Nigeria local shoe industries attract Chinese investors

by Patrick Egwu

It is 11:30am, and traders and buyers from all over West Africa are making their way to the Ariaria market in Aba, a bustling commercial hub in Nigeria’s southeastern Abia state.

“Your shoes here! Your shoes here! Sir, this one is very strong and will last longer,” 30-year-old Ikechukwu Ani shouts as he seeks to attract buyers. “You will like this one, I made it with quality leather material,” he continues, lifting a brown pair with a stitched design and squeezing the leather to show its strength.

Aba, already a commercial hub, is now set to become a centre for light manufacturing in Nigeria. In April, state governor Okezie Ikpeazu signed a $1.5bn shoe factory deal with the Huajian Group, a Chinese company. Once up and running, the facility is expected to manufacture about 5,000 shoes per day and provide 10,000 jobs, directly and indirectly.

According to the terms of the deal, 80 percent of production would be destined for export to meet existing Huajian international orders while 20 percent would sell in the Nigerian market. The Hujian Group, valued at $2bn, currently employs about 20,000 staff in China.

This is not the company’s first foray into Africa. Hujian already has a factory up and running outside of Addis Ababa, Ethiopia. They signed a $2bn investment deal with the Ethiopian government to develop a light manufacturing hub there in 2013.

The Ariaria market is already the hub for shoe manufacturing across West Africa. Traders from Chad, Ghana, Togo, Niger and Cameroon come to the market every week to buy shoes and other leather materials to resell in their countries.

When they do not make it to the market themselves, they send their product specifications to local shoe manufacturers via text messages or phone calls for production and onward transportation to their destinations.

Every week, an estimated 1m pairs of shoes are exported from Ariaria international market to the west African coast.

Currently production is not automated. Using just a stove, thread and gum, shoemakers here can produce five to 10 shoes in a day. Their products sell at the market for between N6000 ($19.08) for shoes, N8500 ($27.03) for army boots and N3500 ($11.13) for sandals.

The market has already created thousands of jobs even as Nigeria struggles to come out of five quarters of recession. Unofficial records show the market contributes about 60 percent of the state’s N2bn ($10m) monthly internal revenue.

Big government contracts help. In August, the Nigerian army ordered the production and delivery of50,000 pairs of military boots estimated at N300m ($954, 000).

“I left my village in 2003 to come here to learn shoemaking,” says Chinazor Onyeabor, 35. “I am married with three children and it has been good for me.”

“I didn’t learn shoemaking. It is a talent,” says Nnedinso Omeh, 21, a college student who is one of the few female shoemakers. “I am training myself in school with this but I need support from the government to produce more shoes.”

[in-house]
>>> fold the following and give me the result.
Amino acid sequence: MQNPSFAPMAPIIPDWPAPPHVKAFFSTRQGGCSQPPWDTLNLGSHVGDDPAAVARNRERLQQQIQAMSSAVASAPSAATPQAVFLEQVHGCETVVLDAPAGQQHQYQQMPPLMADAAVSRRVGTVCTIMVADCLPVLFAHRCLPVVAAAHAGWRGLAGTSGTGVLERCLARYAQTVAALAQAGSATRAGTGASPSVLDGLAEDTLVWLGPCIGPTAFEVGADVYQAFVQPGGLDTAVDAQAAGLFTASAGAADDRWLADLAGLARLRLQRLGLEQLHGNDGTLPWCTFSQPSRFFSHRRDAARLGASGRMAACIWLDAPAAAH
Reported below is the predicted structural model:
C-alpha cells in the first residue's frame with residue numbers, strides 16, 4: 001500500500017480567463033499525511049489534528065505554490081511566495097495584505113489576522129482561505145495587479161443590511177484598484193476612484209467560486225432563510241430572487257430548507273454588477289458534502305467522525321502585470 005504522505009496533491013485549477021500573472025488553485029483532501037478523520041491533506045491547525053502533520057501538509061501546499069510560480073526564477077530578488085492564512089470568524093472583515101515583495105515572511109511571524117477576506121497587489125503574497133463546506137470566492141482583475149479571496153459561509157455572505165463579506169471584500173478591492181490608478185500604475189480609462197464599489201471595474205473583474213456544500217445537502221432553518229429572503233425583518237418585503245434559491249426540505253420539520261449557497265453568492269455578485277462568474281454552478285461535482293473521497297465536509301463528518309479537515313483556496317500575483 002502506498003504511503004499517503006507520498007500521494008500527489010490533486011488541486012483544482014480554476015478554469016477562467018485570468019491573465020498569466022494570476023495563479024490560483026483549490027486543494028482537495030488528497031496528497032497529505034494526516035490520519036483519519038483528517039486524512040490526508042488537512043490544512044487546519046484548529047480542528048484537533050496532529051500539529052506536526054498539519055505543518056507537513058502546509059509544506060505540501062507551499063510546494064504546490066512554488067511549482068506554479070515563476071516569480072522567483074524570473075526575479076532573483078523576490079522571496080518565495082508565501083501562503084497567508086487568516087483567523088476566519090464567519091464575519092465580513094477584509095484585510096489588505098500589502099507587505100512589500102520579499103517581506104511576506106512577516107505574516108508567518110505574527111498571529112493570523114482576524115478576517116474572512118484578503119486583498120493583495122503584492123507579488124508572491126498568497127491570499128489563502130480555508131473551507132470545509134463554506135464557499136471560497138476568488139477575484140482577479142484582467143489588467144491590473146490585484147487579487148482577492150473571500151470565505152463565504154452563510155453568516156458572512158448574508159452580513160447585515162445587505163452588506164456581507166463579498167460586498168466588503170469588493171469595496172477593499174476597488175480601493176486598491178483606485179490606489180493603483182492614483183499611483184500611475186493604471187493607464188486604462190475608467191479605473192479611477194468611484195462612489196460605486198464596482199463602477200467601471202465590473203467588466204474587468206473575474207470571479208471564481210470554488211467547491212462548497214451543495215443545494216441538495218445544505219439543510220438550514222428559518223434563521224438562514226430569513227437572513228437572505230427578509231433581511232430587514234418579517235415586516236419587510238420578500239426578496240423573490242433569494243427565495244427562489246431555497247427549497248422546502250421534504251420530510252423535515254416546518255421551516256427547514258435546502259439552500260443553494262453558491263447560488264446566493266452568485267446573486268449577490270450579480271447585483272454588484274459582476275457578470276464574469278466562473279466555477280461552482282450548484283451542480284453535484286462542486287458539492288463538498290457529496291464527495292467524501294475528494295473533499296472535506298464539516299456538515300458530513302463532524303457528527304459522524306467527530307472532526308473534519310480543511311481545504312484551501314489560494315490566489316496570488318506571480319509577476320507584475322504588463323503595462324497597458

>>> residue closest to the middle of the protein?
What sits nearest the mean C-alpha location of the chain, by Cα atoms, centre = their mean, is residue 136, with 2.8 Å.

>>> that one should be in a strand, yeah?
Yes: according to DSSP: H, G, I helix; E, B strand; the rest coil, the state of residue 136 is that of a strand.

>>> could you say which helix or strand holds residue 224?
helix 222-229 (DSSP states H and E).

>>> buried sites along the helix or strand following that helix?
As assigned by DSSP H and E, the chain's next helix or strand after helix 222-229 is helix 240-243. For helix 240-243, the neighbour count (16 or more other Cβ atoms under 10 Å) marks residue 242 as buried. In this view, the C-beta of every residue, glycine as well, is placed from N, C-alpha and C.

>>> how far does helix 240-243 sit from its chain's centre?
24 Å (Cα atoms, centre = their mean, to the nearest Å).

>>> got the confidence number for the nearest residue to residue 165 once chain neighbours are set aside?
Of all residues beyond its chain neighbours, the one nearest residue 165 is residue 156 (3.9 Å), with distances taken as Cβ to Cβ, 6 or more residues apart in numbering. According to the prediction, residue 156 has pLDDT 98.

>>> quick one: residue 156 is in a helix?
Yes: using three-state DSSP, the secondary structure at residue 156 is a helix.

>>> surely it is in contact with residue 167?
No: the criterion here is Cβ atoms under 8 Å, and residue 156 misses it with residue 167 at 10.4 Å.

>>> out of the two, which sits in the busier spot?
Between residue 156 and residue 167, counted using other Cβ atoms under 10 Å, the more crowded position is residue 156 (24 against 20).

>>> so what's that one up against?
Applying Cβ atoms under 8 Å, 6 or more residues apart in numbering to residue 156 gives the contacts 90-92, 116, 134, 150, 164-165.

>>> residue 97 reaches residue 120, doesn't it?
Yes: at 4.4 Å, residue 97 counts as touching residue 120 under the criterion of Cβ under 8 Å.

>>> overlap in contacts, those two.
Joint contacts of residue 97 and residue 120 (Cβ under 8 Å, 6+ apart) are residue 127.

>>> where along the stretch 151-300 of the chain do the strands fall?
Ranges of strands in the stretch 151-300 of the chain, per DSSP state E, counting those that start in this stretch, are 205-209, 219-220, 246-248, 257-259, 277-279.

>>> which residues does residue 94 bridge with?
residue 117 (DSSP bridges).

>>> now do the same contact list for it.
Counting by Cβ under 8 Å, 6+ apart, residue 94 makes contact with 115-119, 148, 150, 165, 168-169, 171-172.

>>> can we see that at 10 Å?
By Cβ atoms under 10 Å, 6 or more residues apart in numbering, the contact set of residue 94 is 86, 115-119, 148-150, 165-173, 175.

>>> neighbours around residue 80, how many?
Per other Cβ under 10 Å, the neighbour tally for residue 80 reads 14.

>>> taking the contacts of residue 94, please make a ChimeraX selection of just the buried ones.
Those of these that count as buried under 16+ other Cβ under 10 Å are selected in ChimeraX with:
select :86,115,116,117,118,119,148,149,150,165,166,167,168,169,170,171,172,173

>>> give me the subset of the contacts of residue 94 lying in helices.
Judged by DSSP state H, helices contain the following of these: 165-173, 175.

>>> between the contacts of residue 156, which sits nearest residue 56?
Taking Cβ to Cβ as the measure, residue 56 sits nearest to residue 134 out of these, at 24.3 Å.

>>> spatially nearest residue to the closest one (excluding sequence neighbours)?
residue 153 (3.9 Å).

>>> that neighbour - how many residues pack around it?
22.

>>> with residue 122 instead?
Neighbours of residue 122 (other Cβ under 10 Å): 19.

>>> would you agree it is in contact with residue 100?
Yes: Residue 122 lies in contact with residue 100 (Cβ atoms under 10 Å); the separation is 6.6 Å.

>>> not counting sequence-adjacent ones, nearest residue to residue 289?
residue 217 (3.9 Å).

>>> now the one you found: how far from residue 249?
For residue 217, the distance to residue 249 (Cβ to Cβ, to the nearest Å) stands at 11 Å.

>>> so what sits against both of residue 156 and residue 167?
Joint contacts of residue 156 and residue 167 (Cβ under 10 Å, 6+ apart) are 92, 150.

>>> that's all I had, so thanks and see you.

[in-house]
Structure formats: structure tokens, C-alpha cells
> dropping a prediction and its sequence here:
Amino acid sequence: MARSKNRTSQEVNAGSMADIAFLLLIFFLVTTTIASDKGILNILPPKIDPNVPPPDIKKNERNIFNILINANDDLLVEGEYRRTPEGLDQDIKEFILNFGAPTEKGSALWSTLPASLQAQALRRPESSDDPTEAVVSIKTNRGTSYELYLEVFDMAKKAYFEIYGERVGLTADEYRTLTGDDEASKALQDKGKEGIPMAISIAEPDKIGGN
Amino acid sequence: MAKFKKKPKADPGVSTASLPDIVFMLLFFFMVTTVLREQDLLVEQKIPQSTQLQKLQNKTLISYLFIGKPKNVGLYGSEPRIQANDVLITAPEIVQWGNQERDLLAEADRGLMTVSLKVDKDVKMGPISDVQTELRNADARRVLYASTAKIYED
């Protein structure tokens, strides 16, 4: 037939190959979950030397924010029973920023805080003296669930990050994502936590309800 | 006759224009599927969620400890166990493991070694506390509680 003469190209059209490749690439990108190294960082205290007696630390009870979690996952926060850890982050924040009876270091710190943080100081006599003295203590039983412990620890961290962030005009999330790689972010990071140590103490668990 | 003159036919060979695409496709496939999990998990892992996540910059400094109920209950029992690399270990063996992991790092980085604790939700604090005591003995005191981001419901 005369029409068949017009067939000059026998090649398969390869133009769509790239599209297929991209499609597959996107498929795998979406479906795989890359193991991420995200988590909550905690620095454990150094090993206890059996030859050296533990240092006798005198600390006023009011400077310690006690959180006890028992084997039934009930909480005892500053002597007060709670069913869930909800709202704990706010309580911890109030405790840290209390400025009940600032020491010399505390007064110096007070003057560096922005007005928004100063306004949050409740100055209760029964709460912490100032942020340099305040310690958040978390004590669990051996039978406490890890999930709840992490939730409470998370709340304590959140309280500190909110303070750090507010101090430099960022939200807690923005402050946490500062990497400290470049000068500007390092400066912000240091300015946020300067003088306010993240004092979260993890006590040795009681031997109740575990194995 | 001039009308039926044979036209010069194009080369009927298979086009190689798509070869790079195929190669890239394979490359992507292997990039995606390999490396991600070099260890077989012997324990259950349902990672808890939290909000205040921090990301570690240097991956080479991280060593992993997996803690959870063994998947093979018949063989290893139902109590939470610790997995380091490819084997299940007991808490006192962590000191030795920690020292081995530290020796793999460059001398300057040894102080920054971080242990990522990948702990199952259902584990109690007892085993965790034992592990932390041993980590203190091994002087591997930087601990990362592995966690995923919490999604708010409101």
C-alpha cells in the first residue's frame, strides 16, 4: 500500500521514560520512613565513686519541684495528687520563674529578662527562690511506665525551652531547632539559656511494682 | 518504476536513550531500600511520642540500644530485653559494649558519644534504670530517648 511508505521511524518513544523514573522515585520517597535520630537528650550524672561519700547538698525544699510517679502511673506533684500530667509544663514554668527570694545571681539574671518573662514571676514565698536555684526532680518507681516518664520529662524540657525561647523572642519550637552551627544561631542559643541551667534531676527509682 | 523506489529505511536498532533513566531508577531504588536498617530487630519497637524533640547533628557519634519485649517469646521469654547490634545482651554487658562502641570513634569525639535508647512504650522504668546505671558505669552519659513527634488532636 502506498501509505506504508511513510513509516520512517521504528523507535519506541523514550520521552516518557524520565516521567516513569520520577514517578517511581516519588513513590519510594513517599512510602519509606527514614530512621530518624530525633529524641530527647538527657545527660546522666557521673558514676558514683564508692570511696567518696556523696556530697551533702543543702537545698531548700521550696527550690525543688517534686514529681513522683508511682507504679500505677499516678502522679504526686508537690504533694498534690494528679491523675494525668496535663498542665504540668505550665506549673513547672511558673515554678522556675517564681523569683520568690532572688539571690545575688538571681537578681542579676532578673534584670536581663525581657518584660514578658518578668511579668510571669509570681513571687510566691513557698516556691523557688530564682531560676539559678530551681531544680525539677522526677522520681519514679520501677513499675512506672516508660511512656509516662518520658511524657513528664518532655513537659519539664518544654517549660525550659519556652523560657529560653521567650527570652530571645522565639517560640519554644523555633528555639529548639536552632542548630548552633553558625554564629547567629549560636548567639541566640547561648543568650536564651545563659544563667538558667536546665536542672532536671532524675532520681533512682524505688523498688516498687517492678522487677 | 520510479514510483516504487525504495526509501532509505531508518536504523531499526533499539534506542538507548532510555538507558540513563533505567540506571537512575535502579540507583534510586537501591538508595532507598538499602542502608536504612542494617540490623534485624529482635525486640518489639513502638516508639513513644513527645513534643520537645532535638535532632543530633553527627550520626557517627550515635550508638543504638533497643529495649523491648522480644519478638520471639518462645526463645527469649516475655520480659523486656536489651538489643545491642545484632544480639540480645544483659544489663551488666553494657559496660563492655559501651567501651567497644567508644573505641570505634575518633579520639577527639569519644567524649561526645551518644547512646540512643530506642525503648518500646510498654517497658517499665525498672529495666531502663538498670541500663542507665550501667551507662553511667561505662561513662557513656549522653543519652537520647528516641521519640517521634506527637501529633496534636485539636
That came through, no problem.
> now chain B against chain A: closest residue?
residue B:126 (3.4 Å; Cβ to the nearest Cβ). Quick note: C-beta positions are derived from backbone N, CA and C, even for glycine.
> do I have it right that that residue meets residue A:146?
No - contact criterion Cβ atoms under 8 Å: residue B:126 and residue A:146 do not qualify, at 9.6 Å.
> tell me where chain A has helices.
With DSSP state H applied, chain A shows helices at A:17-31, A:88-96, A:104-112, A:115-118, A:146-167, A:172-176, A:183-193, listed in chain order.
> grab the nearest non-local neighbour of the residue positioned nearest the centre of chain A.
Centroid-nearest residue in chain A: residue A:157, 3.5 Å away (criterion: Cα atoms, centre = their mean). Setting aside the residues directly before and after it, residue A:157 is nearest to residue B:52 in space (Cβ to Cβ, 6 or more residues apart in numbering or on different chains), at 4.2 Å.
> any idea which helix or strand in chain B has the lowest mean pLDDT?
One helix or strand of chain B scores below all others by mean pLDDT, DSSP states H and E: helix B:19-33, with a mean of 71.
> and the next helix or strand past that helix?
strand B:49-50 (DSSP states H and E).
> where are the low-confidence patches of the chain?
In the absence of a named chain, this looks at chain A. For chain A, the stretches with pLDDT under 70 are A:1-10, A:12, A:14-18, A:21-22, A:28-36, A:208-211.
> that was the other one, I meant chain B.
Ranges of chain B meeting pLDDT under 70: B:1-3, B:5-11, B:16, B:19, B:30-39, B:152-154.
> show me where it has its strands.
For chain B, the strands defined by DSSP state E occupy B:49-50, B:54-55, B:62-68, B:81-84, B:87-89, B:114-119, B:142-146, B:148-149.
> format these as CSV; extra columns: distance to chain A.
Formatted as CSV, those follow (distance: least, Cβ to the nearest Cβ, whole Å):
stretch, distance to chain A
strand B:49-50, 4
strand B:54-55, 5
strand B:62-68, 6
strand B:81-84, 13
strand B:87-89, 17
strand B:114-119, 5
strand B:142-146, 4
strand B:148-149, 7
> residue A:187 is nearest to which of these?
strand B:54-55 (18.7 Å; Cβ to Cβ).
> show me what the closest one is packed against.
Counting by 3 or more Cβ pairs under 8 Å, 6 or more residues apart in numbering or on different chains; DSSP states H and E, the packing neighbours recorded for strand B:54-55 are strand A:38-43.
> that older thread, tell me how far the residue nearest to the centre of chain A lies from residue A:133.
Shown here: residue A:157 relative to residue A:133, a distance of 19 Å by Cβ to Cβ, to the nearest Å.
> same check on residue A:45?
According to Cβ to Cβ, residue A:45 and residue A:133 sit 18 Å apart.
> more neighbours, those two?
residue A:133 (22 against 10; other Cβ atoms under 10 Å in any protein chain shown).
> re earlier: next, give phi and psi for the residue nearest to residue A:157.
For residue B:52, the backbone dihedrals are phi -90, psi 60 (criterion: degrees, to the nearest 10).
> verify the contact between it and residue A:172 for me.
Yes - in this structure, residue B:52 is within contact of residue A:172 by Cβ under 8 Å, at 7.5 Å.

Attracting foreign investors like the Hujian Group will kickstart large-scale, industrialised production in the city while shifting dynamics for locals.

“This deal will change the fortunes of the traders positively,” Mike Ugwu, an expert in the manufacturing industry, told This is Africa. “This deal will open doors for more investors and encourage favourable competition among the manufacturers.”

However, to some shoemakers in the market they fear it will stifle local entrepreneurs and threaten existing jobs.

“The government might benefit from their [Chinese] taxes but the deal is not good to us and will make us jobless. If the Chinese arrive with their big machines and cheap labour from here, how can we compete without machines?” asks Obinna Chukwuka.

Others suggest alternative means that the government could grow the industry without bringing in a foreign company. “Instead of bringing the Chinese here, the government needs to provide us with machines and modern tools on a loan agreement for us to pay back later. Without this, I doubt if we can survive when they come,” says Paul Nyama.

Hujian Group will also face structural challenges as it works to set up its factories – ones locals have been contending with for years.

Power outages occur regularly and without warning, a challenge local shoemakers say impedes their production. The cost of quality materials like leather, thread and adhesive gums have also increased as the naira has lost value.

“Sometimes we don’t have light for a whole month,” says Mr Ani, who uses a cooking stove to produce light while he works when the power is gone.

However, he remains optimistic about the industry’s future. “If we are provided with all we need, we will become the largest shoe industry in the world.” Read the full report here.